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Friday, 28 September 2012

Sept 28th The Last Qatar

Having gone from riding camels to watching them being sold and slaughtered, we finally got to eat camel in a Moroccan restaurant on our last night in this wonderful country. Following our meal we tried another local custom a 'Shisha' a strange looking contraption that has fruit flavored tobacco put into it. The tobacco is heated with coals and the sweet scented smoke sucked through a water filter. We tried two flavours apple and mint.

Sept 28th Operation Desert Storm

The plan was to go and see a camel race, but would you believe that it got rained out. In an country that only receives 70mm of rain per year, a freak thunderstorm dropped what looked like 50mm on the race track. Minor flooding and storm damage resulted and the race was called off. We still got to ride the racing camels, and see the robot jockeys. The premier camel race is the Sword of prince, worth $1 million in prize money.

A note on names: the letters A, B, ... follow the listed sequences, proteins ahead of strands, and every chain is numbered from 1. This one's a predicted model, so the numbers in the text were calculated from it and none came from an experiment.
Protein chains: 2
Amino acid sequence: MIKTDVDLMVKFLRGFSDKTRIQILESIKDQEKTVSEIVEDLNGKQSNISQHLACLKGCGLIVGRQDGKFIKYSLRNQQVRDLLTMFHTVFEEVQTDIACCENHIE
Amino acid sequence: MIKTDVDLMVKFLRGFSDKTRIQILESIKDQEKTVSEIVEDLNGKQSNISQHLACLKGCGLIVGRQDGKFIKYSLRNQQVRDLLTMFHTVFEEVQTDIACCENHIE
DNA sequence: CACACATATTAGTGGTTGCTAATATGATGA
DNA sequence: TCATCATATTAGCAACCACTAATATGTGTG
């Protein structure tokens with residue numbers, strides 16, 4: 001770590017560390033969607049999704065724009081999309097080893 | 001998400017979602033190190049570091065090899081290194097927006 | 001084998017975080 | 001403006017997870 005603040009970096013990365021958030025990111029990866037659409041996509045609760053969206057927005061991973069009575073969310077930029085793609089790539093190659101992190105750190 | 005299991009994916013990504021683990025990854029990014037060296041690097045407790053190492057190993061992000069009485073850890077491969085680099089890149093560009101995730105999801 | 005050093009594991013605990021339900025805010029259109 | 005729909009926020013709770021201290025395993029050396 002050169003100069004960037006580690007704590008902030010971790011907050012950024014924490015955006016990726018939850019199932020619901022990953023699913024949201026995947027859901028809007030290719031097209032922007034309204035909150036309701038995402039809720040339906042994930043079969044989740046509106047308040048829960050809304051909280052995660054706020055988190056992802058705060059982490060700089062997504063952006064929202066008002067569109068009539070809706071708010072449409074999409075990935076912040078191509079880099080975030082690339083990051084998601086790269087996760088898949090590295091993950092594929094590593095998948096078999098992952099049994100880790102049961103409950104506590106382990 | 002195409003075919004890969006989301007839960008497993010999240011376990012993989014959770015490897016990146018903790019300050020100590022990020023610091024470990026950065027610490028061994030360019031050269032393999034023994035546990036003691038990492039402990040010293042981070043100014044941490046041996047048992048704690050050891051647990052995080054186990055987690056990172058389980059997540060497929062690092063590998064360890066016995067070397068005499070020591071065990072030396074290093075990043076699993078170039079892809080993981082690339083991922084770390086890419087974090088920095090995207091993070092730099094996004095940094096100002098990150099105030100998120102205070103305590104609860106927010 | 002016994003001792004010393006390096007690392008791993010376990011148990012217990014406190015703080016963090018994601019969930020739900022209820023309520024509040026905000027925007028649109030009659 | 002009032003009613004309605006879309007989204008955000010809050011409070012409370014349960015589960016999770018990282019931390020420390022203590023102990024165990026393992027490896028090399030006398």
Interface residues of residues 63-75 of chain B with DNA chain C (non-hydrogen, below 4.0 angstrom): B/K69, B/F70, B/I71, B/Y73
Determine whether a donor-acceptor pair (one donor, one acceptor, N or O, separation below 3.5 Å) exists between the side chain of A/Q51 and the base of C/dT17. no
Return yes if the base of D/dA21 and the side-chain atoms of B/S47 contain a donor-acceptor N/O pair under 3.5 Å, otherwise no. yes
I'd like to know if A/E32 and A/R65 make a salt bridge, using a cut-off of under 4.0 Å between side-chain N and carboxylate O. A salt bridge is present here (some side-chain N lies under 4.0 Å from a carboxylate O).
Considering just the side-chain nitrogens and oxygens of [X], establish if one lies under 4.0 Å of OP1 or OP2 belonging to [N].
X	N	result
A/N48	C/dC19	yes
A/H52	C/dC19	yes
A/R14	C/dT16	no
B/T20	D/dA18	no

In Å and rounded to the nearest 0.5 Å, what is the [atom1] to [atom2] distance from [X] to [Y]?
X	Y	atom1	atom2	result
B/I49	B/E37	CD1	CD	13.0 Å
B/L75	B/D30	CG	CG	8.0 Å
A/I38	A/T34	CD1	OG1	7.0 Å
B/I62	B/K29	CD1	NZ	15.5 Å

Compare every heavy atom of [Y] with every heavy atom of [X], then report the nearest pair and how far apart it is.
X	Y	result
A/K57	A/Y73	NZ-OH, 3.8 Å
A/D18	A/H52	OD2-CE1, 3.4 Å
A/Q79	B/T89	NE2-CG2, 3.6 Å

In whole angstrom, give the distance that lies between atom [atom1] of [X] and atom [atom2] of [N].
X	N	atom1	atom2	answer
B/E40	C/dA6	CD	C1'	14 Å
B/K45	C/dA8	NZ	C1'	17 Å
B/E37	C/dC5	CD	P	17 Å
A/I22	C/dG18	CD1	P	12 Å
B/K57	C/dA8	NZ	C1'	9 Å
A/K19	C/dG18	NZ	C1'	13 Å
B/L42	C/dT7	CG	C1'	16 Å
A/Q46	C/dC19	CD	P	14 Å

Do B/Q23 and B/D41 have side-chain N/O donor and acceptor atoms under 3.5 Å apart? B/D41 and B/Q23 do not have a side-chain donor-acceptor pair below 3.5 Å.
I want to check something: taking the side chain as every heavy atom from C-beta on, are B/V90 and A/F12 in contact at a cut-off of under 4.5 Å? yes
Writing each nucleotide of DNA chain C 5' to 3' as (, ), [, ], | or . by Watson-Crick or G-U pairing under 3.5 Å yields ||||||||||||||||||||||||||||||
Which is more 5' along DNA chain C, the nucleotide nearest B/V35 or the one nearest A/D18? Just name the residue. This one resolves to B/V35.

Sept 27th Cruising Around Doha Port

A balmy evening on the sea enjoying a BBQ with our Qatar friends, a lazy swim in the warm gulf waters, doing bombers off the boat, while enjoying the beautiful skyline of Qatar at night. A great way to finish a hot day.

Sept 27th Mawashi Livestock

The live sheep and cattle trade from Australia has been a contentious issue from Animal liberationists within Australia for some time. Visiting Mawashi, gave us a great perspective of how this trade is operating within the Middle East. It was great to see how the work that the MLA has been doing to improve livestock handling of Australian sheep and cattle is paying off by also improving the way local livestock is handled. It is a slow process but significant inroads are being made. If live export was banned the traders would source stock from other less caring markets, which would have no desire to invest in changing the traditional practices.